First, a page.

top of page
  • Cat Dorman

What's So Kitsch About Dead Pets?

Updated: Mar 3, 2021

When you think of “kitsch” what comes to mind? I picture a room filled to the brim with brightly-colored plastic tchotchkes from the 1950s -1980s. Some of the painfully cute with their oversized eyes, and maybe they’re holding a little plastic heart that says “I love you” or “Happy Valentine’s Day 1975” or “Virginia is for Lovers,” and there might be a Troll doll or two and a plastic pink flamingo thrown in for good measure.

At its most basic definition, this is kitsch. It is generally defined as “something that appeals to popular or lowbrow taste and is often of poor quality.”[1] The connotation here is negative. Kitsch is a tacky, cheap imitation of original, high quality art or pieces of culture. You can think of mass-produced paintings of brightly colored landscapes, or scenes of animals acting as humans.

This degradation of kitsch also implies a lack in the person who buys it and fills their home with kitsch objects. They don’t have good taste. Whether we know it or not, most of us have been taught through the work of philosophers like Immanuel Kant who argues that beauty is universal. If beauty is universal, then everyone should be able to recognize that standard, thereby having good taste. Therefore, those with “bad” taste, or those who prefer aesthetics at odds with the culturally determined standards of beauty, are lacking some essential element of character, and therefore morally deficient.

If it seems excessive to deem “bad” visual taste a moral issue, consider the following: how we are conditioned to view women who don’t wear makeup, or conventionally attractive styles, how we view people outside the gender binary, the language around visible plastic surgery, or even just the way we say “tacky.” Whenever I hear something referred to as “tacky” it is said with an almost vitriolic tone. This person who is tacky or whose home is tacky doesn’t just have unique taste, rather they are unable to operate within the confines of what is appropriate. There is something wrong about it.

Treating pets as humans is at odds with good taste. It’s accepted as an oddity or eccentricity during life, of someone acting like their dog is their baby, dressing it up, letting it kiss them on their lips. A cheap imitation of love between a human parent and child. And with the pet’s death, the supposed charade is expected to end. When a pet dies, we are given no time off work, and if you grieve too publicly it’s often seen as cringeworthy or misplaced. You take it back to the vet, or if you live in the country, maybe you bury it in your yard. No pomp, no frills, it’s just an animal, maybe you get it cremated and surreptitiously place it on a shelf or in a closet in your home.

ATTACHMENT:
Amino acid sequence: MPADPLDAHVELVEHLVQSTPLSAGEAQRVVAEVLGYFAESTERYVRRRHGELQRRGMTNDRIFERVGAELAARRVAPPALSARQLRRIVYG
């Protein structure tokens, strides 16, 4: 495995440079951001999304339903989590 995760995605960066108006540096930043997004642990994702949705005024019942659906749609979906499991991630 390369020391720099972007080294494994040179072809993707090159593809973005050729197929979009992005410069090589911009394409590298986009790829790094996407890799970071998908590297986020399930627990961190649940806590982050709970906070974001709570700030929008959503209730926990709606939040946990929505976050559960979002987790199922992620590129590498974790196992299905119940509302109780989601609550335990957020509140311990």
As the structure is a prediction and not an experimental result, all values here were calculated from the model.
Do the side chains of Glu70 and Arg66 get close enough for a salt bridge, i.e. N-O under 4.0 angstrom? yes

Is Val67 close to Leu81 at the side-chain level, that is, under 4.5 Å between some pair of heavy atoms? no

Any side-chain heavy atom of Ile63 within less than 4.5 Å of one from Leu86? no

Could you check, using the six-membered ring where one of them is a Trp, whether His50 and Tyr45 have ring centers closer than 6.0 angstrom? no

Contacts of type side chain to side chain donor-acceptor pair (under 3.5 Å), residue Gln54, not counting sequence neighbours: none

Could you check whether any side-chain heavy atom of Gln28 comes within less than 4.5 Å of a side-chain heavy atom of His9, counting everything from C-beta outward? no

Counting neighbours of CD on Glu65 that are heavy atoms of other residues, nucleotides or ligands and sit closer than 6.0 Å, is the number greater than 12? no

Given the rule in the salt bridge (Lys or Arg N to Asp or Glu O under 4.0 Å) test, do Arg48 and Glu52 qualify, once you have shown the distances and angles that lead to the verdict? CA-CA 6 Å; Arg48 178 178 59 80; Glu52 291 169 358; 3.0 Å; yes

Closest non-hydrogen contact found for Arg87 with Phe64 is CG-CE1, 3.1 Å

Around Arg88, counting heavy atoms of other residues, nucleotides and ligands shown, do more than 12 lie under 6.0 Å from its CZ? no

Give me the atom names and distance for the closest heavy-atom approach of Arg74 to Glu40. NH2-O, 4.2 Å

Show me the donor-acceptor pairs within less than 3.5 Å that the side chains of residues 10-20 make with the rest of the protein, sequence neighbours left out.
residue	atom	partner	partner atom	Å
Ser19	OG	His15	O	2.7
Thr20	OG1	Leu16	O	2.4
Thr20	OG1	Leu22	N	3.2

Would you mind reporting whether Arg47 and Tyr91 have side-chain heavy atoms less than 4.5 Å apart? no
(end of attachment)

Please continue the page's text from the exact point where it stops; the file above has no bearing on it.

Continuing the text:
But for many pet owners this feels inadequate. Since the turn of the last century, there has been a steady increase in the development of pet cemeteries and pet memorials globally. People want to memorialize their pets, who in many cases have been one of their closest companions for decades.

Many pet graveyards are what you would likely imagine: small headstones, sometimes an engraved rock is used for the purpose, placed respectfully on a rolling hill or secluded corner. Some could rival human cemeteries with their stately headstones, often etched with the animal’s likeness and an epitaph extolling their greatest virtues.

Others are something else entirely.

Take, for example, the Los Angeles pet cemetery that is the eternal resting place of Liza Minnelli’s dogs, among countless others. Here you will find all the visual markings of kitsch: vibrant colors and patterns, very sentimental, aggressively cute likenesses of pets, unnaturally colored fake flowers and so on. This is very clearly not a cemetery for humans, nor is it trying to be. It wholeheartedly embraces the excess of feeling and sentiment that a pet graveyard suggests to many.

Regardless of aesthetic, there is something inherently kitsch about memorializing a dead pet, since we see our attachment to pets as derivative of the intimacy between humans. Not only is a pet an imitation of human connection, but pet graveyards and pet memorials- to those who would criticize- are imitations of the much sadder, much more acceptable methods of remembering human beings.

Taste is not universal, and there is nothing immoral or untoward about creating a permanent display of love for one’s pet.

[1] Merriam Webster Dictionary

47 views0 comments

Recent Posts

See All


bottom of page